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Tesla is using a new 12V Lithium-ion battery in the Model S Plaid

JRP3

Hyperactive Member
Aug 20, 2007
20,550
48,208
Central New York
I wish someone would measure it so we could get an idea of the cell size. I think it almost has to be 4680 to get 6.9Ah at 15.5V, (3.875 per cell) in a 1P 4S configuration. I also assume it doesn't get cycled unless there is a failure of a DC/DC converter, which also means this battery will not work with older Tesla vehicles, along with the obvious capacity difference.
 
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CyberGus

Not Just a Member
May 5, 2020
1,017
2,224
Austin, TX
Do they have a separate low power output DC-DC that is always on (maybe in the battery pack?) and supplies a constant 12V to this lithium pack? Has it always been that way on Model S (two DC-DCs?)? I've heard claims about that but no idea.

There are practical considerations to using a 12V battery instead of just taking 12V off the HV pack. For instance, the HV contactors are disengaged while in "Park" for safety reasons. Also, if the HV pack is being actively discharged, then it must also employ thermal management which is yet another electrical load.

I agree it's weird that the 12V battery is needed, but there must be a good reason for it if Mr. "best part is no part" cannot eliminate it.
 

AlanSubie4Life

Efficiency Obsessed Member
Oct 22, 2018
10,492
12,726
San Diego
pack. For instance, the HV contactors are disengaged while in "Park" for safety reasons

There is no reason really why they could not have a small DCDC in the pack that passes a fused 12V out and is active when the contactors are open, as long as it has minuscule standby drain and appropriate behavior to shut down to avoid bricking the pack at very low SoC. It would be safe; 12V is safe. It could power down if the pyrofuse blows (far side of pyrofuse, near side of contactors, as seen from the pack).

Also, if the HV pack is being actively discharged, then it must also employ thermal management

I don’t really think that is necessary for a ~5W drain. Discharge of the pack at those levels should be fine both when extremely cold and extremely hot.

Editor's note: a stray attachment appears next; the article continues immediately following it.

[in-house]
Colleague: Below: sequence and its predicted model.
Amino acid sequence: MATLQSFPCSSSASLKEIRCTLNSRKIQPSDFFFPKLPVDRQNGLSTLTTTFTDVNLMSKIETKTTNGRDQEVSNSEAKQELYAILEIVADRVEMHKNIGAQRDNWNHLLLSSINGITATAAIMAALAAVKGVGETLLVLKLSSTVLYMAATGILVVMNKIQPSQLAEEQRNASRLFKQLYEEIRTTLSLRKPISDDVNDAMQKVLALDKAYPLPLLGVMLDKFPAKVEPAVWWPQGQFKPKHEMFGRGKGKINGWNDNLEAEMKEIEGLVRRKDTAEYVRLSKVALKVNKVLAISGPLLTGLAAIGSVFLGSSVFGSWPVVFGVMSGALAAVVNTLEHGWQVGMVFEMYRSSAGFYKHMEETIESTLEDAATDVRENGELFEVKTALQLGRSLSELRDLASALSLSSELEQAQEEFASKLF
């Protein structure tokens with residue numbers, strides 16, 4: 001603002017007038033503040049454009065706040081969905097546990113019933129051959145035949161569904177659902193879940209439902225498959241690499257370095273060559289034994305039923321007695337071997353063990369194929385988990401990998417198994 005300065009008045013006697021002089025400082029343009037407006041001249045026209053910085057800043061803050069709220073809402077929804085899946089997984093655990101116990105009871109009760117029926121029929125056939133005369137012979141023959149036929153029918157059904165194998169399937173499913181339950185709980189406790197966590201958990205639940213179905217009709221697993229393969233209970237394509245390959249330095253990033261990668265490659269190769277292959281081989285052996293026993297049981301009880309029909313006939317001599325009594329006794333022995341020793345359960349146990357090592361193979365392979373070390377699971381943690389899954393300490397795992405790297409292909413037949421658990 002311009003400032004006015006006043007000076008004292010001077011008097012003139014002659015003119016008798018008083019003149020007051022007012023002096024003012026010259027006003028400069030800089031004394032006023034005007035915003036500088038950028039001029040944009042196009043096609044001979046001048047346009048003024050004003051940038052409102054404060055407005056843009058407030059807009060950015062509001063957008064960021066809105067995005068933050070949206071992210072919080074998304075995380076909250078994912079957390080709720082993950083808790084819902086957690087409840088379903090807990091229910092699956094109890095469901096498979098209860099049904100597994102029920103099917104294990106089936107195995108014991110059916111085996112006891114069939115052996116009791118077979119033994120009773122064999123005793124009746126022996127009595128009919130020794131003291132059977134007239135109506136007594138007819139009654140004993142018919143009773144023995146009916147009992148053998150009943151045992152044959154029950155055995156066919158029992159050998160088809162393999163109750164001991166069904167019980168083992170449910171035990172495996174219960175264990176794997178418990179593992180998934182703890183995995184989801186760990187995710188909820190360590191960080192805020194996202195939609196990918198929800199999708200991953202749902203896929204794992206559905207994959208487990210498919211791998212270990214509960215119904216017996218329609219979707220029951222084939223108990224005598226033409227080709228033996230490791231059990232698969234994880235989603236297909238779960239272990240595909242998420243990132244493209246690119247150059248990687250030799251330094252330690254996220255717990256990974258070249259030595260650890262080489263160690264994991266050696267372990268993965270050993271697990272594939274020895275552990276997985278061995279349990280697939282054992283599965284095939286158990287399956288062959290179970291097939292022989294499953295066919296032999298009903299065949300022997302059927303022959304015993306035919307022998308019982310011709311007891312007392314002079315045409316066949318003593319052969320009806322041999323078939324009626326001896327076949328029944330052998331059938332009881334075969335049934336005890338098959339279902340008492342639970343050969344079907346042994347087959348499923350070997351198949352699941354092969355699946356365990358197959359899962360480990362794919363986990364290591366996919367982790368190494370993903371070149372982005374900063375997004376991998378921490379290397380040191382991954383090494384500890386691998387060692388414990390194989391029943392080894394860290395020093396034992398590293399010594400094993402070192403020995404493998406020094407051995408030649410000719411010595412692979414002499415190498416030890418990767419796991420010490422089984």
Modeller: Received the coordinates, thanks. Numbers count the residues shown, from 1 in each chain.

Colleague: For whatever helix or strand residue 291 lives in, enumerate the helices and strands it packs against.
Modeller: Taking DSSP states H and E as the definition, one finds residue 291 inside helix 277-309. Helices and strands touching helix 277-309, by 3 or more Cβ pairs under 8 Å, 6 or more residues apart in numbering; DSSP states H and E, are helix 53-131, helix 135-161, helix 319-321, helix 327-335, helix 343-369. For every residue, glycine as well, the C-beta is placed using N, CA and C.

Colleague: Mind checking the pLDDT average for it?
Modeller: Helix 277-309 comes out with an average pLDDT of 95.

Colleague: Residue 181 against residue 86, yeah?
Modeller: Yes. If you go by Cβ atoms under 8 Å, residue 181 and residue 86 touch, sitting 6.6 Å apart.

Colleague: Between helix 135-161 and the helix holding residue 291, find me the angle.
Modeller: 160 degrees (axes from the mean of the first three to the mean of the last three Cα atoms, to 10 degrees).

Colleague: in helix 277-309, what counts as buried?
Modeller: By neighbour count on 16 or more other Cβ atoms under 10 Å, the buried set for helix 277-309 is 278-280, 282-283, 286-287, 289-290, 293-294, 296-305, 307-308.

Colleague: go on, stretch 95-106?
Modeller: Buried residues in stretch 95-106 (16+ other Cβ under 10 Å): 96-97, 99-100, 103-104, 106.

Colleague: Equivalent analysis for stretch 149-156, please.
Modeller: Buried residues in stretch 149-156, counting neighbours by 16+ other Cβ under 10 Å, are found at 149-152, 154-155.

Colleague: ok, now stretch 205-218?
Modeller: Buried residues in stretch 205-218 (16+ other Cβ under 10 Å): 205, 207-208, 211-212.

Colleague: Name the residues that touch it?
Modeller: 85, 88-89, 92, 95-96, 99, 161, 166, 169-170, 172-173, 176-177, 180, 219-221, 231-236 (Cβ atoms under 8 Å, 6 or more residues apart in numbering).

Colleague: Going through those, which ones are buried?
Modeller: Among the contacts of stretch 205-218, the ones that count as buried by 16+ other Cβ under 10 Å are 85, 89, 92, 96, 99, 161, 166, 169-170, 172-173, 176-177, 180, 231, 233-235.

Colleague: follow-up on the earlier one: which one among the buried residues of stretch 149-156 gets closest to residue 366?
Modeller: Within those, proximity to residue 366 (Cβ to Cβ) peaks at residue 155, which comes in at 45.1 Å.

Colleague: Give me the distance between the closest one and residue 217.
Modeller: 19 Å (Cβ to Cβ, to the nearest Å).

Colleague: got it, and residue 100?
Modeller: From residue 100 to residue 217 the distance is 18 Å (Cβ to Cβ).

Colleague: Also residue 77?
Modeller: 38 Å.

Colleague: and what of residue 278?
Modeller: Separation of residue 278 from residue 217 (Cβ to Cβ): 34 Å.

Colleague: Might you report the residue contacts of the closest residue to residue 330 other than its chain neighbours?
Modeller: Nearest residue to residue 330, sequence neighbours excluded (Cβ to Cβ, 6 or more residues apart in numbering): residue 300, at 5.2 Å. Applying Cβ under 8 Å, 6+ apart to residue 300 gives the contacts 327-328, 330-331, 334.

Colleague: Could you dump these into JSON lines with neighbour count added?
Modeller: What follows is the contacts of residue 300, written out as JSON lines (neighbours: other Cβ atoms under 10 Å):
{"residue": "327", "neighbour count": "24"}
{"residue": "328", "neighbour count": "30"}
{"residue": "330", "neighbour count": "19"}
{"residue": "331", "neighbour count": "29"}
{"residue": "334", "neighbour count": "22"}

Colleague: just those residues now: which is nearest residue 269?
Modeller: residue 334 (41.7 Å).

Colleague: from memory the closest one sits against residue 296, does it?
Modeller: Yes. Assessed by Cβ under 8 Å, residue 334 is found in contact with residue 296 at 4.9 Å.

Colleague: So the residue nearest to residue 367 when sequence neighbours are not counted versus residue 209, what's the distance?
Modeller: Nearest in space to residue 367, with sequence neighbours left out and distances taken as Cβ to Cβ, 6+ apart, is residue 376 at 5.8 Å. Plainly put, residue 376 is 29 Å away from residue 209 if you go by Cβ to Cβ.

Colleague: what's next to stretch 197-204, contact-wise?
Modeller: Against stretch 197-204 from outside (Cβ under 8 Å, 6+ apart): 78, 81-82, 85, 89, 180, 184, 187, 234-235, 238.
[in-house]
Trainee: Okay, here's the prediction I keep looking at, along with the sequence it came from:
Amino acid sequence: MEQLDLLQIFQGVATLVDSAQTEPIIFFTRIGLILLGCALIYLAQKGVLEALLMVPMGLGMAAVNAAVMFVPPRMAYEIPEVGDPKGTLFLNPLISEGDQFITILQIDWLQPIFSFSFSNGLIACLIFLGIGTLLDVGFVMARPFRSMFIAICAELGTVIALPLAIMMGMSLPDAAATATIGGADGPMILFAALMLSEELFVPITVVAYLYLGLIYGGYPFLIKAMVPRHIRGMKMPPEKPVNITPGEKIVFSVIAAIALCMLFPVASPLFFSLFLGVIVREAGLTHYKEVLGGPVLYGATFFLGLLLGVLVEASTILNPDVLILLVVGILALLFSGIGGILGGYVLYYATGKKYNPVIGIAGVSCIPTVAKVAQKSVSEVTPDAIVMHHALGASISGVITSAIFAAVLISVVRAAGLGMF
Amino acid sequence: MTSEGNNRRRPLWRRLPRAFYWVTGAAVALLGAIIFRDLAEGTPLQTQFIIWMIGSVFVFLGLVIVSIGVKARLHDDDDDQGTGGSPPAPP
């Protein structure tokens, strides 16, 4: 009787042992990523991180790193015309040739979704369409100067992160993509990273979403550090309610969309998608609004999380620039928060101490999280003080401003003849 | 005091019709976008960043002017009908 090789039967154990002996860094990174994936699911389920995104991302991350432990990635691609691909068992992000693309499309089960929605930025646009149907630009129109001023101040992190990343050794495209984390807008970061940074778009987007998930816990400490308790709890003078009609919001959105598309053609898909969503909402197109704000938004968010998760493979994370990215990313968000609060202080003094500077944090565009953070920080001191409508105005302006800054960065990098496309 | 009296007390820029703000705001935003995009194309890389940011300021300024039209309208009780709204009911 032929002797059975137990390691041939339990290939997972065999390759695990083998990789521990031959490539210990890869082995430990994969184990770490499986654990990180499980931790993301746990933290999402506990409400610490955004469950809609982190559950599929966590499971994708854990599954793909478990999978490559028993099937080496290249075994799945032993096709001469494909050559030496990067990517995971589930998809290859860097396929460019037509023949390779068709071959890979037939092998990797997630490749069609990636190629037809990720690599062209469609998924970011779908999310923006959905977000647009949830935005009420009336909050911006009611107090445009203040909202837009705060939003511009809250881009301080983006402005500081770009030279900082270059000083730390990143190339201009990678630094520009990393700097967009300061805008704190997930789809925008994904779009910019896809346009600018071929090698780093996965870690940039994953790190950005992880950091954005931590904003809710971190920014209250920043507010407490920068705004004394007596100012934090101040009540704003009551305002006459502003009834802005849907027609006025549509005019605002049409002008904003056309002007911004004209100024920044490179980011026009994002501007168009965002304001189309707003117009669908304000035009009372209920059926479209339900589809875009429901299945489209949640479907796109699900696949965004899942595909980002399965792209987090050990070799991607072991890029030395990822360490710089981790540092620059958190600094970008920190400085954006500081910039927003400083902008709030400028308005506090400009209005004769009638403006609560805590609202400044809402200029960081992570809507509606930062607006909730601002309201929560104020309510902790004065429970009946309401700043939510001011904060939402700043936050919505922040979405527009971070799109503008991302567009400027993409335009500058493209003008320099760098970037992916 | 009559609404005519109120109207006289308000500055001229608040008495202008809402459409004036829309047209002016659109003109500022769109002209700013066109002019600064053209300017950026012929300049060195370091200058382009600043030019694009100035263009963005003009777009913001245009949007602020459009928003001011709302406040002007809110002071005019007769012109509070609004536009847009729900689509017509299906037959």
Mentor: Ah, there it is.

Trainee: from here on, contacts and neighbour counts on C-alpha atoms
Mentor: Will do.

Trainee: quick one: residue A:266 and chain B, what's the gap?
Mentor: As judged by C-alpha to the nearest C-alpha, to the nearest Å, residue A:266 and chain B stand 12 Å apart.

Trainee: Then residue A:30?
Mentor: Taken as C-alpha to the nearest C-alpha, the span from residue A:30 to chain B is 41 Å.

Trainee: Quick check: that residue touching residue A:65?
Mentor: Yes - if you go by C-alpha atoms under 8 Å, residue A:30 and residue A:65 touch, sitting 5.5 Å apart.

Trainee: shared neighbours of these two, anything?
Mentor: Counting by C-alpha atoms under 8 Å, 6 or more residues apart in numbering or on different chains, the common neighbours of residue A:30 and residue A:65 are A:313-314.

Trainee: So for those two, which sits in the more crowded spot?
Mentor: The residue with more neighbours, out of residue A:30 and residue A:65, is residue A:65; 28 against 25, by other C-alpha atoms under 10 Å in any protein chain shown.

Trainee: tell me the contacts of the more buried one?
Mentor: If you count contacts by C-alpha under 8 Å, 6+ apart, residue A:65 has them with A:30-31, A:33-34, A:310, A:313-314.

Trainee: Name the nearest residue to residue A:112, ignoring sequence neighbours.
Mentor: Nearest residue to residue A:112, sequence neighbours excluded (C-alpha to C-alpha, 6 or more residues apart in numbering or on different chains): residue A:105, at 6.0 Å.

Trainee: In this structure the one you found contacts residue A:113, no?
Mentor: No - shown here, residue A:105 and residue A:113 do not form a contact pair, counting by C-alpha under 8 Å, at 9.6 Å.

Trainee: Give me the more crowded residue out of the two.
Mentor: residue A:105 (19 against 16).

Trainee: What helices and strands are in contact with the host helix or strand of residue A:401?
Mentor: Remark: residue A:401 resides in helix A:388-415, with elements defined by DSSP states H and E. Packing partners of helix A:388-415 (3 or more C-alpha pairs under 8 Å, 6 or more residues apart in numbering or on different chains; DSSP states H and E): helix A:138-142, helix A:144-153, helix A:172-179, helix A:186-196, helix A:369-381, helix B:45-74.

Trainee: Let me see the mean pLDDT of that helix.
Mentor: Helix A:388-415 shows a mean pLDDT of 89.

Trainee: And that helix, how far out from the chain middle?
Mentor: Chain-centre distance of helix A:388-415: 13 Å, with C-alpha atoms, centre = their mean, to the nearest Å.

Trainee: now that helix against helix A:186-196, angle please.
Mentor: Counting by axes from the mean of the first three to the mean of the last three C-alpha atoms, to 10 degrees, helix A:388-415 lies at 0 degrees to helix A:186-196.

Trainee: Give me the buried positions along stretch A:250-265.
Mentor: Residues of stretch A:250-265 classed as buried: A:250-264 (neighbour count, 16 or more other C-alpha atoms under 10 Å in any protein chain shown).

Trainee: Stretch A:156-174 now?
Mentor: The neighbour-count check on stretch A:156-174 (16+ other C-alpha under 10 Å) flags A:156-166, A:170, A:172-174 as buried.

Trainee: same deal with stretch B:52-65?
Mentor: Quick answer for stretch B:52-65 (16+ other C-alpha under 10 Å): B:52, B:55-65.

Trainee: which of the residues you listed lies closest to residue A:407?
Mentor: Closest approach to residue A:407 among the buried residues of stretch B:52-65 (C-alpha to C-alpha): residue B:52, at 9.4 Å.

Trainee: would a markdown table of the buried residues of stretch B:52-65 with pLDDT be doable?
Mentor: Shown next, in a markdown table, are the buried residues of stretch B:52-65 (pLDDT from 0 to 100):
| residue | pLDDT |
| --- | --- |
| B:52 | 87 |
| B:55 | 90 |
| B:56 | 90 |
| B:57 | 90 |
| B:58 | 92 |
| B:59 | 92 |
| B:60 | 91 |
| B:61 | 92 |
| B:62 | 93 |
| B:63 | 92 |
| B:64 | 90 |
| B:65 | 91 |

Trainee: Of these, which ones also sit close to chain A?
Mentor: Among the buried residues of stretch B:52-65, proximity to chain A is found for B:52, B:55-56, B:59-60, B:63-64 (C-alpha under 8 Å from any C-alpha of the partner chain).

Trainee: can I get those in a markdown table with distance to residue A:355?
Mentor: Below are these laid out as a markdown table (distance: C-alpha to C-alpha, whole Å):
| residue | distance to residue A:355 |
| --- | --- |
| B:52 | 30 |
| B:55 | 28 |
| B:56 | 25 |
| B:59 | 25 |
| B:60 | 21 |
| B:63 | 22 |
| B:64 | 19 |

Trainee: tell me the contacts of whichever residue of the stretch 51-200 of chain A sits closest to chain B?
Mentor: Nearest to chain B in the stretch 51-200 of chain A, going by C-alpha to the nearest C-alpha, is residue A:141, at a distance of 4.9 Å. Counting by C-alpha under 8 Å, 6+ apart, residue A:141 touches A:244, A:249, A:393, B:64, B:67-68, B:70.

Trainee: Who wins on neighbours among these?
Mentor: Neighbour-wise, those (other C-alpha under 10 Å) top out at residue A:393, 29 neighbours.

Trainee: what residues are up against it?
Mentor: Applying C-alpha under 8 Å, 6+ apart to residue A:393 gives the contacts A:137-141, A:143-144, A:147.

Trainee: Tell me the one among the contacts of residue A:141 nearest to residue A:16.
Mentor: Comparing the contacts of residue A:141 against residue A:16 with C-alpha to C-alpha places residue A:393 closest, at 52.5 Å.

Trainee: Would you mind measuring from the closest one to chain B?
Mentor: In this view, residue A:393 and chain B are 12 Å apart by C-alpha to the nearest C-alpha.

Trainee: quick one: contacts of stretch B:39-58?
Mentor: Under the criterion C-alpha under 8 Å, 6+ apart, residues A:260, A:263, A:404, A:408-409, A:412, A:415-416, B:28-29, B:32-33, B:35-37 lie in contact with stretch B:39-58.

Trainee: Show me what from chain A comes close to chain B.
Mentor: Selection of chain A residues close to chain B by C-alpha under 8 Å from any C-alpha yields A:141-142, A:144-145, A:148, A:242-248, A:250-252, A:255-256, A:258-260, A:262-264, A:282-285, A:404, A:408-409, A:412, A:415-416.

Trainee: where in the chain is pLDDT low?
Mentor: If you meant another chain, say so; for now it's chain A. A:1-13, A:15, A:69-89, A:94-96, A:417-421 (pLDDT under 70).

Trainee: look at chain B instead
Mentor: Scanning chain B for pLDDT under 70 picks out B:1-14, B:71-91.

I agree it's weird that the 12V battery is needed,

I don’t think it is weird that it exists. It is absolutely needed for emergencies, after the pyrofuse blows, or if the DCDC fails, etc.

As mentioned, there may be another DCDC as well. Hard to know.
 
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mark95476

Active Member
Jun 21, 2020
1,726
1,073
Bay Area CA
The new Shanghai LFP cells add substantial weight, but nothing compares to how resilient they are. Likely cheaper too.


Depth of discharge, charging, discharging, temp sensitivity, ...etc... I think you're well aware of the advantages/disadvantages of LFP vs lead-acid. Bjorn's done a lot of testing and the LFP cells from Shanghai are awesome for cold temps and low SoC.
 

AlanSubie4Life

Efficiency Obsessed Member
Oct 22, 2018
10,492
12,726
San Diego
The new Shanghai LFP cells add substantial weight, but nothing compares to how resilient they are. Likely cheaper too.


They could be used here. Odd that it says 1P4S though. As was asked above, dimensions would be nice to know. The capacity is roughly consistent with a 2P4S 18650 configuration. 2170s are only 45% higher capacity or so, so that does not work either.

I think it almost has to be 4680 to get 6.9Ah at 15.5V

Just look at the volume of that cell, though. 4680 cells are HUGE (longer and more than 2.5x diameter, capacity proportional to square of that…). I would expect they would have about 8x the capacity of an 18650 battery, at least. So a single cell would be 100Wh, if I am calculating correctly. Not including overhead so it probably will be higher (18650 cells are about 12.5Wh - 8256 of them make a 103kWh pack, prior to Plaid - they could be slightly higher capacity on the Plaid, no idea).

So I am guessing either 18650 “2P” called “1P,” for some reason, or they are pouch cells of some sort. As you say, dimensions could probably clear this up - or be inconclusive.
 

Dolemite

is my name
Sep 19, 2019
1,361
1,655
Seattle, WA
There are practical considerations to using a 12V battery instead of just taking 12V off the HV pack. For instance, the HV contactors are disengaged while in "Park" for safety reasons. Also, if the HV pack is being actively discharged, then it must also employ thermal management which is yet another electrical load.

I agree it's weird that the 12V battery is needed, but there must be a good reason for it if Mr. "best part is no part" cannot eliminate it.
I saw an engineer post about his work on eliminating the 12V battery entirely - can't find it, and now it's even harder with all the BS noise about the new li-ion.

The basic conclusion was that it's basically not possible. Something about needed a secondary power source to power the main one on, and also have it be serviceable in case of issues. Not to mention there are a ton of established accessories built to a 12V standard.
 
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